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Current time:0:00Total duration:12:32

Let's review a little bit
about what we know so far about subtraction. So if I say 5 minus 3,
what does that mean? Well, there's a couple of
ways to think about it. I could have 5-- let's
say I had to 5 berries. So 1, 2, 3, 4, 5. So I could have 5 berries, and
when I say minus 3 you're subtracting 3 from it. I can view that as saying
I'm going to take away 3 of these berries. So if I take away that berry,
that berry, and that berry. So I took away 1, 2, 3 berries. How many berries
do I have left? Well the only berries I have
left are right here-- 1, 2. So I have 2 berries
left just like that. Now the other way, the other
way that I could visualize or think about 5 minus 3,
I'll do it over here. 5 minus 3-- is to think
about what the difference between 5 and 3 is. So let me draw this. So let's say I have 5 berries. 1, 2, 3, 4, 5. And let's say that
you have 3 berries. Here's a slightly
different color. You have 3 berries. So another way to think about
5 minus 3 is how many more berries do I have
than you have? And if you look right here,
well, you see, this berry is another-- you have
also one berry there. We both have one berry there,
we both have one berry there. But I've got 1, 2 berries
that you don't have. So once again, I have 2 more
berries than you have. Now we can also think of
this from the number line point of view. So let me draw a number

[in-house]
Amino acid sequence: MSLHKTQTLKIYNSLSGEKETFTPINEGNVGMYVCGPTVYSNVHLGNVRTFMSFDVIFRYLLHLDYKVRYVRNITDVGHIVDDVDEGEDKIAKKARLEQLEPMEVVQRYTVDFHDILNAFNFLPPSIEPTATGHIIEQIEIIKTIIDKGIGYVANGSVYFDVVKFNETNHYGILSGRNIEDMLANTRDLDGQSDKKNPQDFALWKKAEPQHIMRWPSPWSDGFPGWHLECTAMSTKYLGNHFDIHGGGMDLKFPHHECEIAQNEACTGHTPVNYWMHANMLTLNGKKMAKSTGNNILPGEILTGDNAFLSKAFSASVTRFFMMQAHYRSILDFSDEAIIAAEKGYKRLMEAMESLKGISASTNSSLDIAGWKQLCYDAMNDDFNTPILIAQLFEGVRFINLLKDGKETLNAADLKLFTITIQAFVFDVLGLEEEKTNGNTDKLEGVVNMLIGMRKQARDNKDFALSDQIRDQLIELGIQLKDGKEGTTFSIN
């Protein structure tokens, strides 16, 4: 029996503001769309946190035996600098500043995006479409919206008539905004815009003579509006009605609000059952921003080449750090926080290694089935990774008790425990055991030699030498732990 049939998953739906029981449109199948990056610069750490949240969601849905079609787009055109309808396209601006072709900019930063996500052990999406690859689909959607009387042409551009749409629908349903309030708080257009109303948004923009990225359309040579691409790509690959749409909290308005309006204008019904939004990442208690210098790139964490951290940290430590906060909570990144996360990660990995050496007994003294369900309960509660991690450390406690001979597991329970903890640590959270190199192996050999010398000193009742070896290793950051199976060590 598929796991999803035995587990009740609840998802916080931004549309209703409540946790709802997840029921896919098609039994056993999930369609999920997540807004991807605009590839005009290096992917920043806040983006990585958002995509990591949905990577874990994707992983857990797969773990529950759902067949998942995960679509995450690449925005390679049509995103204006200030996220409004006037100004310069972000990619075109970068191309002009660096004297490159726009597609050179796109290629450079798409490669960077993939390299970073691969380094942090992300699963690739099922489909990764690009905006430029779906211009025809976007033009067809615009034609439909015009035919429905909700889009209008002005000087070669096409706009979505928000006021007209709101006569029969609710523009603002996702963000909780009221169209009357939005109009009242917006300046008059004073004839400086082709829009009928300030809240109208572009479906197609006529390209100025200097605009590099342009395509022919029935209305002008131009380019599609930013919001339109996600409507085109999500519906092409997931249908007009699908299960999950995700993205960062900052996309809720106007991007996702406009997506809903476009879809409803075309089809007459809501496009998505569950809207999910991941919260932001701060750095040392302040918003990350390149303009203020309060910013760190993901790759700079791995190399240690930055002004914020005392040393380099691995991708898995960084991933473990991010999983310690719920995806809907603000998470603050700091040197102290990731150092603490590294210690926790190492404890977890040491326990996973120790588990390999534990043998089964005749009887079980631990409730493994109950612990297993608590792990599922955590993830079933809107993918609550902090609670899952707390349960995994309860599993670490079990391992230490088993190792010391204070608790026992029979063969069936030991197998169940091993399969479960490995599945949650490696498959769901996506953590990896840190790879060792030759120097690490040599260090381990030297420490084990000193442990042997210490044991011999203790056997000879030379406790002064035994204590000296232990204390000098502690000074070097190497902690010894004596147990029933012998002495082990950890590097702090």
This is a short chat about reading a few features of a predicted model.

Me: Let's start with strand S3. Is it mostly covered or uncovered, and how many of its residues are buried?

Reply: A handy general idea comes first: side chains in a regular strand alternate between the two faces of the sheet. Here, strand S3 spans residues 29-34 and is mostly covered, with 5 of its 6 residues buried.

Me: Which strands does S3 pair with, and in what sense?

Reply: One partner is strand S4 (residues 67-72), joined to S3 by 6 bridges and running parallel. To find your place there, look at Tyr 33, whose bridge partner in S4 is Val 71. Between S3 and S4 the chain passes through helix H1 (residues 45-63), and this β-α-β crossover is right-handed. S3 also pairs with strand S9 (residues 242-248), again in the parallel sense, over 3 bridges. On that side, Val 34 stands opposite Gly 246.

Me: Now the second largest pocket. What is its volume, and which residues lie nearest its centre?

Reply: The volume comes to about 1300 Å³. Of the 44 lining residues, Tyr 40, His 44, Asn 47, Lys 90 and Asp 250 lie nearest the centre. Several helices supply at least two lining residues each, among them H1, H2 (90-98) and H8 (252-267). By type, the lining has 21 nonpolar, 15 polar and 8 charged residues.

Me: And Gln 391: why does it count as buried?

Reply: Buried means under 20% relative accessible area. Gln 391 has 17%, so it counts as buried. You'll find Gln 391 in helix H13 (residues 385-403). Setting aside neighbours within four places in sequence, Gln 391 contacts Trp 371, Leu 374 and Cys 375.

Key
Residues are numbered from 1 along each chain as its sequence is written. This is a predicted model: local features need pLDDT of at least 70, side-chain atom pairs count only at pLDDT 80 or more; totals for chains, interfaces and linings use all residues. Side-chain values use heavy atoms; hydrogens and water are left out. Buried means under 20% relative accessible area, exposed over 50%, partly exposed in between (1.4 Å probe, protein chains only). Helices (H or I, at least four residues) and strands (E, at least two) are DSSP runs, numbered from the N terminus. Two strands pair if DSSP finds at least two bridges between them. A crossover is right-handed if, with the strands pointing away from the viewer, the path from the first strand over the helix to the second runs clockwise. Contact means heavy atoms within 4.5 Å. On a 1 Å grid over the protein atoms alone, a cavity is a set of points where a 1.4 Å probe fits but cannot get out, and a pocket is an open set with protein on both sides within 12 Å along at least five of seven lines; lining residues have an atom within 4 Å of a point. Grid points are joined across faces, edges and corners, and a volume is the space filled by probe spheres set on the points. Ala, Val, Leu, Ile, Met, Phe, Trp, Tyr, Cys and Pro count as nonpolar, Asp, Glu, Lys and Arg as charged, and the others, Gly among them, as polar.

line just like that. It's my number line. We've learned on the
addition videos we can keep going off forever. And actually, we could even go
to the left of 0 and go into negative numbers, which
we'll see in future videos. But I'll start at 0. 0, 1, 2, 3, 4, 5--
I'll just go up to 7. So if we do 5 minus 3, if we
view 3 as being taken away from 5, 5 minus 3 means start at 5. If I did 5 plus 3 I would jump
3 spots to the right because that's increasing the
number of things I have. But since I'm subtracting 3,
I want to decrease by 3. So I decrease by 1, 2, 3 and
I get to 2 just like that. Now if we visualize it from
this point of view, let me draw another number line. I want to show you. I mean this is, I'm taking away
3 and here I'm saying, how many more is 5 than 3? Even though they're the exact
same answer, but there are two different ways to
think about it. Let me draw a number
line here again. Let me draw the
same number line. I have 0, 1, 2, 3, 4, 5, 6, 7. So if I were to plot where 5
is on this number line, so this is the 5 right there. I'll put a little pink
square around it. 5 is right there. Now 3, let me do 3 in
this yellow color. 3 is right here on
the number line. So in this way of thinking
about 5 minus 3 you're saying, what is the difference--
let me write that down. Here we're saying, what is the
difference between 5 and 3? And to figure out the
difference you actually have to say, how much do you have to
add to 3 to get to 5? So the difference here, how
different is 5 than 3? Well you have to go up 1
and then up 2 to get to 5. So the difference between 5,
which is all the way over here, and 3, which is just that
far, is 2, just like that. That right there is 2. Let me draw that
in another box. So that's 2 right here. I want to make this difference